Shortly after the meeting hit the 6 hour mark the team released a statement that there would be a press conference that evening. And so there we were, myself and more than 100 of my colleagues, waiting on Bedouin. Just like we had almost 4 years ago in the early weeks of the 2017 season. Almost an hour after the press conference was scheduled to begin the man himself slides through a side door and bounds up on stage. The roar of the crowd is instantly silenced as Bedouin approaches the podium. But instead of taking his usual place beside it he removes the microphone from its stand and takes a seat on the edge the stage barely a meter from the front row of reporters. The team PR employee that shadows him is nowhere to be seen.
“You don’t mind if I sit down here do you. In an informal kind of mood. I like this like a intimate little jazz gig or something.” He shakes his head at his own reference.
“Anyway sorry I’m late folks. Meetings go long sometimes. It certainly wasn’t anticipated so I do apologize. Now before we start I just want to get one thing clear. I know you want to talk about my contract status. I really don’t because I’ve spent nine hours talking about it today already, but I get it. And we’ll get there. But how about we start with any questions people might have about the conference finals. I know I stood you guys up the other night but I went and listened to some Limp Bizkit, Break Stuff is a great track, and I got it out of my system so I’m happy to take those questions now. So fire away folks.”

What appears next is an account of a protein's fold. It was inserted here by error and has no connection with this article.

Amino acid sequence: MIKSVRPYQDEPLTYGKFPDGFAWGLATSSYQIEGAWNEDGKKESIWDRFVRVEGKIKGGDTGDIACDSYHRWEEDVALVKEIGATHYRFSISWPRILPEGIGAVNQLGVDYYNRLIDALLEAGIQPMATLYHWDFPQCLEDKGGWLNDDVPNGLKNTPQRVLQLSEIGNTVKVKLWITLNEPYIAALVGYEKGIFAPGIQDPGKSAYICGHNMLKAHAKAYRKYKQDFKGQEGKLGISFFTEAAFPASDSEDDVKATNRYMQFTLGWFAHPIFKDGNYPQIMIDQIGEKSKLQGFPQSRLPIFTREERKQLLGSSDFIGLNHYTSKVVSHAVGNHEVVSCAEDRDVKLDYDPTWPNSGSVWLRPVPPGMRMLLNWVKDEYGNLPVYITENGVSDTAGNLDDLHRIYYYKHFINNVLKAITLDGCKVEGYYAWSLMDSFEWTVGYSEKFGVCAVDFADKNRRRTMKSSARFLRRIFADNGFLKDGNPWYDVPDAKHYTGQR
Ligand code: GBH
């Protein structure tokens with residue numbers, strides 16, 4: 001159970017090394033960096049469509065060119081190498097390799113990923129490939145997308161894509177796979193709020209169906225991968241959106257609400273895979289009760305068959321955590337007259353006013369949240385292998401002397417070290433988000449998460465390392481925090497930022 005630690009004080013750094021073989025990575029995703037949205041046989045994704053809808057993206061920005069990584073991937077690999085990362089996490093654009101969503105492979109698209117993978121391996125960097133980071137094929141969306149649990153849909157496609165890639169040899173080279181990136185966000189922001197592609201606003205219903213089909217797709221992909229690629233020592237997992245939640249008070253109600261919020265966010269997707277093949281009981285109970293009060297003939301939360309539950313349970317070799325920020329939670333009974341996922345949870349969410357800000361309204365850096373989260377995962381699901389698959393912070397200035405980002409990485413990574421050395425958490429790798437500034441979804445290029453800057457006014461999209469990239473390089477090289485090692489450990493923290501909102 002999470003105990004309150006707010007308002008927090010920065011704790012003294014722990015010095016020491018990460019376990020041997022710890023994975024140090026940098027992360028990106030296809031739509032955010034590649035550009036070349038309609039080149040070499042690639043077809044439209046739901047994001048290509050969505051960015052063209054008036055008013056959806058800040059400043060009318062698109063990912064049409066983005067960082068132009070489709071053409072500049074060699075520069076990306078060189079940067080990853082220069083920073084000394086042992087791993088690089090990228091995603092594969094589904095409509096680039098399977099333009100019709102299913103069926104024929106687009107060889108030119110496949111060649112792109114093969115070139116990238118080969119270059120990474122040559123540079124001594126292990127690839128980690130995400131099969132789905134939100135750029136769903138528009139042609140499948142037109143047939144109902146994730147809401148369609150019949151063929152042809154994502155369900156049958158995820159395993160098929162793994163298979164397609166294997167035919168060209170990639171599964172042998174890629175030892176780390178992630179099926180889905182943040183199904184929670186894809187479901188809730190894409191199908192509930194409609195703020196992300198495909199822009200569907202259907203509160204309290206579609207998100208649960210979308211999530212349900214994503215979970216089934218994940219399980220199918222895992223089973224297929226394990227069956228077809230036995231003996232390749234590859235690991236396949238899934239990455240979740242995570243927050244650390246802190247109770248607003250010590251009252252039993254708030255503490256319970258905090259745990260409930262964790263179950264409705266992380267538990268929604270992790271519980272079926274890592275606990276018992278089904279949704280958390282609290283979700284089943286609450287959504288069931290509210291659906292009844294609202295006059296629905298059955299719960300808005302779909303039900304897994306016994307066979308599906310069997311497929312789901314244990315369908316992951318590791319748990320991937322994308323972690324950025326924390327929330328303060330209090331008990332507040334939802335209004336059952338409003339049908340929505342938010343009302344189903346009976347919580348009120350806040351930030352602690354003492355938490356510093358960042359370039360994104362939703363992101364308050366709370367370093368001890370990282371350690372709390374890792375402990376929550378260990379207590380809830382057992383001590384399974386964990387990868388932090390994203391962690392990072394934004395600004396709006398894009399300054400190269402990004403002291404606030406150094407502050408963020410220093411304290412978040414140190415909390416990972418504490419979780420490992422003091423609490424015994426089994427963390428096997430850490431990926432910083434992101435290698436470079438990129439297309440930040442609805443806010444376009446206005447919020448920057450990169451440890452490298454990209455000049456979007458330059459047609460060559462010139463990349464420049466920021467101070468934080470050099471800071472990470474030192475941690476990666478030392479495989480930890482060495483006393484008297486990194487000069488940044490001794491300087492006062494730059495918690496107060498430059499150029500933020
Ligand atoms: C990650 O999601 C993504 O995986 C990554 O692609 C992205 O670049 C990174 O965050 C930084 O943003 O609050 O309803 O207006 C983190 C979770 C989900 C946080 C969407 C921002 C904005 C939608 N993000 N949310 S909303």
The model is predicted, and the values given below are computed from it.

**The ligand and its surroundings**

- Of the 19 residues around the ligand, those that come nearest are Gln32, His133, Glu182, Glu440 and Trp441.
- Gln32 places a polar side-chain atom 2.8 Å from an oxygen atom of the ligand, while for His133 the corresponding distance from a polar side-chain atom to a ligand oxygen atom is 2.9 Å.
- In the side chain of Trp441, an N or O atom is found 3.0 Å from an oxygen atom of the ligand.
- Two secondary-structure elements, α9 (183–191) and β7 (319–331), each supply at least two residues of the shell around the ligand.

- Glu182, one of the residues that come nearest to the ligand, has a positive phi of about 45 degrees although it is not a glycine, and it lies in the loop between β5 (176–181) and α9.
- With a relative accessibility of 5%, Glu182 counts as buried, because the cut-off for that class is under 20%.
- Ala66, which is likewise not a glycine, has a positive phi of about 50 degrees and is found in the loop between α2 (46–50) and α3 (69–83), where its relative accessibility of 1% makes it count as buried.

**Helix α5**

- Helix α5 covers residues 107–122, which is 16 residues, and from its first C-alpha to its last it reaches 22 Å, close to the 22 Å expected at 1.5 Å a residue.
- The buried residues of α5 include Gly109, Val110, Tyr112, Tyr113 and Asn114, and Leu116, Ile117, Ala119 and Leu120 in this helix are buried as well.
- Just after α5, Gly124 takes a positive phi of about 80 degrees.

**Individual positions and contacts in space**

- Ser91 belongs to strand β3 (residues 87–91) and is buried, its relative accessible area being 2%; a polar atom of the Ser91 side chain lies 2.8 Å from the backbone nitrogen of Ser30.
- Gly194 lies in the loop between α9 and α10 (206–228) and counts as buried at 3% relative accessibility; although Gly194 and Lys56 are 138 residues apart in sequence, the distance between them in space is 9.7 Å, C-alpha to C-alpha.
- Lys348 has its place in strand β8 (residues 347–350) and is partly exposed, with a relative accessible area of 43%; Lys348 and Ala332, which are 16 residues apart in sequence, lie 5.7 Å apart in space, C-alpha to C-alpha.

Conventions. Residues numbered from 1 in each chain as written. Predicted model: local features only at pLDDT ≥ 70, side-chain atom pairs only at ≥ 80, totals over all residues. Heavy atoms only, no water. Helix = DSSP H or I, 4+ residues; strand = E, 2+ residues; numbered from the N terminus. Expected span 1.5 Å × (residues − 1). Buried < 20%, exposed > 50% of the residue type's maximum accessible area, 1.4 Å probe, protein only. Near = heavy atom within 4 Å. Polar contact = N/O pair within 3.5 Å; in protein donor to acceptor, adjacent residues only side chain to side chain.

Q – We saw an almost totally new defensive scheme after the first game of the series. Can you tell us a little about the reasoning for the change?
A – Sure, essentially I was pretty confident we’d lose if we kept letting them hit fifty 3-point shots per game. Actually that may not be an accurate statistic, it might have been more. It certainly felt like it. But more seriously coach and I sat down that night and watched the game back as we do after every playoff game and I kind of half-jokingly suggested that we may as well try some zone, cause nothing else was working. Next day I show up at shoot around and they’re running a zone defence clinic. But you know what, all due credit to Coach McLain, he made that shit happen.
Q – Do you think in hindsight that you might have shown your hand too early. It certainly seemed like the Fireballs adapted to the change the longer the series went on.